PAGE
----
In contrast, dorado have multiple visual pigments and probably see color pretty well, and more than likely yellowtail do as well. So then you're left with having to decide which fish might be more easily fooled by pink vs. clear. I don't have those answers, but I continue to have success with both pink and clear fluorocarbon.

    As an aside, YFT have an olfactory sensitivity for fish odor that's been measured to 10 to the minus 16 (0.0000000000000001).
    That would seem to indicate that they locate prey from longer distances by smell, and only rely on vision in the final rush to the prey at close range.
     
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    Bill W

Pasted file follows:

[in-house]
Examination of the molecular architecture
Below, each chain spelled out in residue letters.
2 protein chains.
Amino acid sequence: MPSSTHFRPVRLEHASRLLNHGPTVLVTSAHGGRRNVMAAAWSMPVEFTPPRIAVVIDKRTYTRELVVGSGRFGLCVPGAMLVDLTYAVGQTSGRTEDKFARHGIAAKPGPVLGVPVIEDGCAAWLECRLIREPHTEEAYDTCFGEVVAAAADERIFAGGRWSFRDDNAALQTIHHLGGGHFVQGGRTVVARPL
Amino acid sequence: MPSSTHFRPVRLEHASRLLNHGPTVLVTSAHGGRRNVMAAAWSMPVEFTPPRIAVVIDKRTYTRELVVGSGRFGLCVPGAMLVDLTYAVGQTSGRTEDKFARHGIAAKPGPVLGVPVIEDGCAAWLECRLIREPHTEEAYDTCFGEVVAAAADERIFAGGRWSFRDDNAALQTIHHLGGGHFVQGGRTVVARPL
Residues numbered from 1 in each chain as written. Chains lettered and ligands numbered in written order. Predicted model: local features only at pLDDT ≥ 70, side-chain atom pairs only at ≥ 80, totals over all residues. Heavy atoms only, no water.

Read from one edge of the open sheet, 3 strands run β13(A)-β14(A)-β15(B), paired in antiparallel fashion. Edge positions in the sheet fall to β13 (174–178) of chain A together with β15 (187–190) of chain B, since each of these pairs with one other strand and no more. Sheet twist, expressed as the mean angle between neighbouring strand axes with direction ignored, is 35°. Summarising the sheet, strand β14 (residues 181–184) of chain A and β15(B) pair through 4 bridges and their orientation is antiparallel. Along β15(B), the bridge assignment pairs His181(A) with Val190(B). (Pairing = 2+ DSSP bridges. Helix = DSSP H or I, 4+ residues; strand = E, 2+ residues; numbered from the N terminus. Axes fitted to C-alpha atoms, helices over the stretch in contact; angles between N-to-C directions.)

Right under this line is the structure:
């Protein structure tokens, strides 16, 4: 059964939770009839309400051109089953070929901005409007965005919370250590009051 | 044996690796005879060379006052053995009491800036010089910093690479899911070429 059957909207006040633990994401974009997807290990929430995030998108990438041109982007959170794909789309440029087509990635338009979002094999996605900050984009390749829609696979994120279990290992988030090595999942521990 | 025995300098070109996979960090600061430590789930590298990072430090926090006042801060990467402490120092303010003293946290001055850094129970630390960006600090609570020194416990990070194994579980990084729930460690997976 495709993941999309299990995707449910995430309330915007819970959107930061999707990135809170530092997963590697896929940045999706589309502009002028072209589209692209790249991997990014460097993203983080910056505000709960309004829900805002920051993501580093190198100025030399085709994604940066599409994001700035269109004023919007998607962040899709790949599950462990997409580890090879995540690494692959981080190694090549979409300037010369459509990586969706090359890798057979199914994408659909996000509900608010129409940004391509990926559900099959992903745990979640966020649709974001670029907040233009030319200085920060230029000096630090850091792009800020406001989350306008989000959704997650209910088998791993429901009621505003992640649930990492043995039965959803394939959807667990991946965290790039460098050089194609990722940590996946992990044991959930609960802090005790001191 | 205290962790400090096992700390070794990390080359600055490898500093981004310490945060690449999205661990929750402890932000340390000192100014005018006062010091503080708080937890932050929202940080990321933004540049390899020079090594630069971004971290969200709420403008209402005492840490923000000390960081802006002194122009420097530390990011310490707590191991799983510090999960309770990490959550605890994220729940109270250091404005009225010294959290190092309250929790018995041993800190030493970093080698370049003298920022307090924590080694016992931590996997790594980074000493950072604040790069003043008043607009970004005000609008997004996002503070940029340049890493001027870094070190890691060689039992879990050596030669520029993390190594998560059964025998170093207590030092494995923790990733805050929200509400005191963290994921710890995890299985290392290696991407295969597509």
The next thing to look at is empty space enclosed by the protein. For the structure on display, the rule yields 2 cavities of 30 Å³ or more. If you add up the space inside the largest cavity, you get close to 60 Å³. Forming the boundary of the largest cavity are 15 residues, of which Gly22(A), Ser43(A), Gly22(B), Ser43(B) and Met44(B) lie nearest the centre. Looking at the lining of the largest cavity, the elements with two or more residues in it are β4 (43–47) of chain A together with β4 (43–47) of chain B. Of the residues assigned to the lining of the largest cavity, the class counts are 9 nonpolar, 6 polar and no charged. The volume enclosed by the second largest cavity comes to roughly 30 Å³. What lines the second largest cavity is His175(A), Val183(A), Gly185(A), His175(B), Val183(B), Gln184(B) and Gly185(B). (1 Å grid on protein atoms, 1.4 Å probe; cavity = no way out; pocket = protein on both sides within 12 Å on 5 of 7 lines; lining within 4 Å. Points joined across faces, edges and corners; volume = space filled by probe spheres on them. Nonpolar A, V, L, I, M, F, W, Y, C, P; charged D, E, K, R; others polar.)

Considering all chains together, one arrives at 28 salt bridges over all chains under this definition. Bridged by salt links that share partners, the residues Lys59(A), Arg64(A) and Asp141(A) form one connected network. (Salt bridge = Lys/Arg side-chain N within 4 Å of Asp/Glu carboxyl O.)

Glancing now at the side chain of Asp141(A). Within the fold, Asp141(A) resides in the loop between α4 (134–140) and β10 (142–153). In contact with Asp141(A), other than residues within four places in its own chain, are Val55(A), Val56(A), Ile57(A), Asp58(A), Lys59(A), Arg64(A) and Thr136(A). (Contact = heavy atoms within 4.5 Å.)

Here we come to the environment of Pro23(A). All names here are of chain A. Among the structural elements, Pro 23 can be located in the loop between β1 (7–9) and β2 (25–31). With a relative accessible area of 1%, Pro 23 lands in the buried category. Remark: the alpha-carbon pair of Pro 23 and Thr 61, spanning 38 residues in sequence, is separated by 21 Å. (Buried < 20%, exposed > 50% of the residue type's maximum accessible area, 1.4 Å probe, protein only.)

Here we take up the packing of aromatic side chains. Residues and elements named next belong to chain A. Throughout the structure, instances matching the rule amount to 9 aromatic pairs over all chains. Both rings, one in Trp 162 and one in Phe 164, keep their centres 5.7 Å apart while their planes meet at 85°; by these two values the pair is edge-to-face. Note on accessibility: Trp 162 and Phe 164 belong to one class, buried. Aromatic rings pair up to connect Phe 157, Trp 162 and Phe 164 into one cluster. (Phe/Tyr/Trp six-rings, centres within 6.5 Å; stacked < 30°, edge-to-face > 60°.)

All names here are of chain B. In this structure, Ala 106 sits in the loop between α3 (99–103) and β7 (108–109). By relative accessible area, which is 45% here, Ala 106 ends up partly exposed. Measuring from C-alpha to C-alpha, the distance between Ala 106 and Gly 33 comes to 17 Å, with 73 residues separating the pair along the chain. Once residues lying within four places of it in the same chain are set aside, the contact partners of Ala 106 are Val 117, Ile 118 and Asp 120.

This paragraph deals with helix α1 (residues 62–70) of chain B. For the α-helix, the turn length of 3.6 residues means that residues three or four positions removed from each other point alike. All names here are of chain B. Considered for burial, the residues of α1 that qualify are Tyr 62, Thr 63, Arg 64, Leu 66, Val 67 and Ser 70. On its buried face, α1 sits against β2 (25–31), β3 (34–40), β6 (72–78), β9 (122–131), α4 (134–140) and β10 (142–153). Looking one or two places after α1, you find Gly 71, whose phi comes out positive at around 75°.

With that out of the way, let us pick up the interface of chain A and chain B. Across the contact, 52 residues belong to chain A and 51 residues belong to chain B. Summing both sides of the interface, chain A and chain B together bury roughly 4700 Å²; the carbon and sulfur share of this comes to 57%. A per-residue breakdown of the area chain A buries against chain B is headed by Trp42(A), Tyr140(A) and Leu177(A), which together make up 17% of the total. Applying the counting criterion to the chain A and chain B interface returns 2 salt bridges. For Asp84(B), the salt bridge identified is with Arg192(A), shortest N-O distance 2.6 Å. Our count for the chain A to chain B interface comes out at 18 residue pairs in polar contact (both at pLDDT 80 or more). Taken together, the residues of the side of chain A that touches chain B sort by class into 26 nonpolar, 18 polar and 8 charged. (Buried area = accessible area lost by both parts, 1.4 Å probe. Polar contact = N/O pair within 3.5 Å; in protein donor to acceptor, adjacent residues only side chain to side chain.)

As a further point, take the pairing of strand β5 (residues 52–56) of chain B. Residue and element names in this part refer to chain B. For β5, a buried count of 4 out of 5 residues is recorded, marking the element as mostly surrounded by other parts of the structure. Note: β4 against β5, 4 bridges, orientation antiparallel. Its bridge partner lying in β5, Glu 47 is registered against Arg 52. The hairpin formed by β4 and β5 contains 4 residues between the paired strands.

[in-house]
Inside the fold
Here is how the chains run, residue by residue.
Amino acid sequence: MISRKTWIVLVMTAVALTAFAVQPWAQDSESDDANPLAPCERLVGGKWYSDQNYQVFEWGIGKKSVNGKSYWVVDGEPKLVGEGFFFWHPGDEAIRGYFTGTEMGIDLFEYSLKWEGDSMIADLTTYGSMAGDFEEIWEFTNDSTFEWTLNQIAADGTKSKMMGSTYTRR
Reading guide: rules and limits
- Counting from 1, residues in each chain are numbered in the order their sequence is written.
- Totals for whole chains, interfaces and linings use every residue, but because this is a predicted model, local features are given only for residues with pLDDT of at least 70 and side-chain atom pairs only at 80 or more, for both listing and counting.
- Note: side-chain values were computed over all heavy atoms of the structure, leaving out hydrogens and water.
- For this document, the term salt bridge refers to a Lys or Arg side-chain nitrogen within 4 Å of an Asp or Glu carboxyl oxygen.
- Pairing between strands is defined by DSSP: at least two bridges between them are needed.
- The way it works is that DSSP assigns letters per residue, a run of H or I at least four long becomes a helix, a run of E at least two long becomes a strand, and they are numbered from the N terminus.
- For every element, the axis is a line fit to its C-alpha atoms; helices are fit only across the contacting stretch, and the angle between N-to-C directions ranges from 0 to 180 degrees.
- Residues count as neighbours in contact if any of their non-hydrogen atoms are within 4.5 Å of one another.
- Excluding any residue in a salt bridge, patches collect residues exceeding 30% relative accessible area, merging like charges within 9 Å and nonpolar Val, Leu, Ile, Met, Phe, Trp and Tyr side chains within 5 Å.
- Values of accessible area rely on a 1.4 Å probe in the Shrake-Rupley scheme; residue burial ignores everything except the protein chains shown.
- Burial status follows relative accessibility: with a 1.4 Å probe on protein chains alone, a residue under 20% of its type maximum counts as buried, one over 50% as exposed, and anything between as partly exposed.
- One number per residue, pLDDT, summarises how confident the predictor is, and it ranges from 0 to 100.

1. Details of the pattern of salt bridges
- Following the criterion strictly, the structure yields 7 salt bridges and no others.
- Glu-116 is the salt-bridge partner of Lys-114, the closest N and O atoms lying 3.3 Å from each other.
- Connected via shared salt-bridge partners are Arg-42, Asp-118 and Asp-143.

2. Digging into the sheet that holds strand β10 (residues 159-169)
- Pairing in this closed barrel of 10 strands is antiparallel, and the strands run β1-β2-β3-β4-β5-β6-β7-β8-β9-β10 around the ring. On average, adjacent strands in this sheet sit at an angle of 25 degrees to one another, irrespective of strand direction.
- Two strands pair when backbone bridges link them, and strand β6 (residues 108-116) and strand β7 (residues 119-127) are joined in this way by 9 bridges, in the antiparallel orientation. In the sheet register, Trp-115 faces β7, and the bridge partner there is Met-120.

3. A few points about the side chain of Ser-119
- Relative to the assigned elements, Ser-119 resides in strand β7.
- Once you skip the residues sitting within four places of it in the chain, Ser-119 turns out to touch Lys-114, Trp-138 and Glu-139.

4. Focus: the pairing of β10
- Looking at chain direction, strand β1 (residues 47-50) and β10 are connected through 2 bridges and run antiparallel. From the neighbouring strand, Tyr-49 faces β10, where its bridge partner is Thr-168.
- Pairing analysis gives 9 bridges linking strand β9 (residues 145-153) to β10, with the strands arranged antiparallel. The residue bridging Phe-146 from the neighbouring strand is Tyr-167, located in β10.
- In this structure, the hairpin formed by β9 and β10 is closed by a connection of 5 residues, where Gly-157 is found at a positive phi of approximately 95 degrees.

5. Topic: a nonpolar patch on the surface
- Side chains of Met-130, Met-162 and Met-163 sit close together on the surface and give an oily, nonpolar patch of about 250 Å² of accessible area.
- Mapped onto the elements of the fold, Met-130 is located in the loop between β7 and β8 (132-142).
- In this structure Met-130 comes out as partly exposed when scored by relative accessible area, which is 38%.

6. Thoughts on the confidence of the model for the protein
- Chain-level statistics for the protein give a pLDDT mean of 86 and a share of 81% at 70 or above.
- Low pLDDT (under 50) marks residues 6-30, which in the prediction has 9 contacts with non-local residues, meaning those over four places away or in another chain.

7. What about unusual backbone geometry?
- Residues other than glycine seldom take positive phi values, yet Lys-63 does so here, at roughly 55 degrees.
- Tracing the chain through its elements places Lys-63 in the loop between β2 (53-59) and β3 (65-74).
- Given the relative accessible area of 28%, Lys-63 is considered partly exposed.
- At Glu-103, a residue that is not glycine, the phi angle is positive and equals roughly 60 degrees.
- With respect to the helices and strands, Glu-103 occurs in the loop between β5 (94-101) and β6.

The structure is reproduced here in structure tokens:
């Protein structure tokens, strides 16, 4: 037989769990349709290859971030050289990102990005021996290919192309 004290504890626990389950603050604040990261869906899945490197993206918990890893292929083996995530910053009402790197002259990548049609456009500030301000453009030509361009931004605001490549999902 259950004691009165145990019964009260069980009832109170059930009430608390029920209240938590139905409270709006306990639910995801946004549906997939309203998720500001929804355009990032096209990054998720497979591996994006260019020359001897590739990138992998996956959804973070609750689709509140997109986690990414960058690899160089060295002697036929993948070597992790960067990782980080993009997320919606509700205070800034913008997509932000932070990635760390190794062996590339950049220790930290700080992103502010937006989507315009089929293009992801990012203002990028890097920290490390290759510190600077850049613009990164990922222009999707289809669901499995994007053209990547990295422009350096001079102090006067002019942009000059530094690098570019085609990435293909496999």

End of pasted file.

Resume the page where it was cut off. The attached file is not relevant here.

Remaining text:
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    Where we see all light, tuna have the ability to distinguish polarized light. In the morning and evening polarized light is the greatest. So tuna feed at these times. This sensitivity gives vision to tuna up to 3 times the distance that would be normal vision. Kinda like the prey is lite up like a neon sign.

    As far as red vision, tuna do not see red because the water environment filters out that color. The tuna eye is colorblind to that color by nature.

    My take is fishing line is a transmitter of polarized light. Since fish do not see red, and red is filtered very shallow, the line is camouflaged to some degree.

    I learned a lot from this post and hope to put it to use in the future...

    Here is a link...

    http://midcurrent.com/science/fish-eyesight-does-color-matter/
     
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    Fishybuzz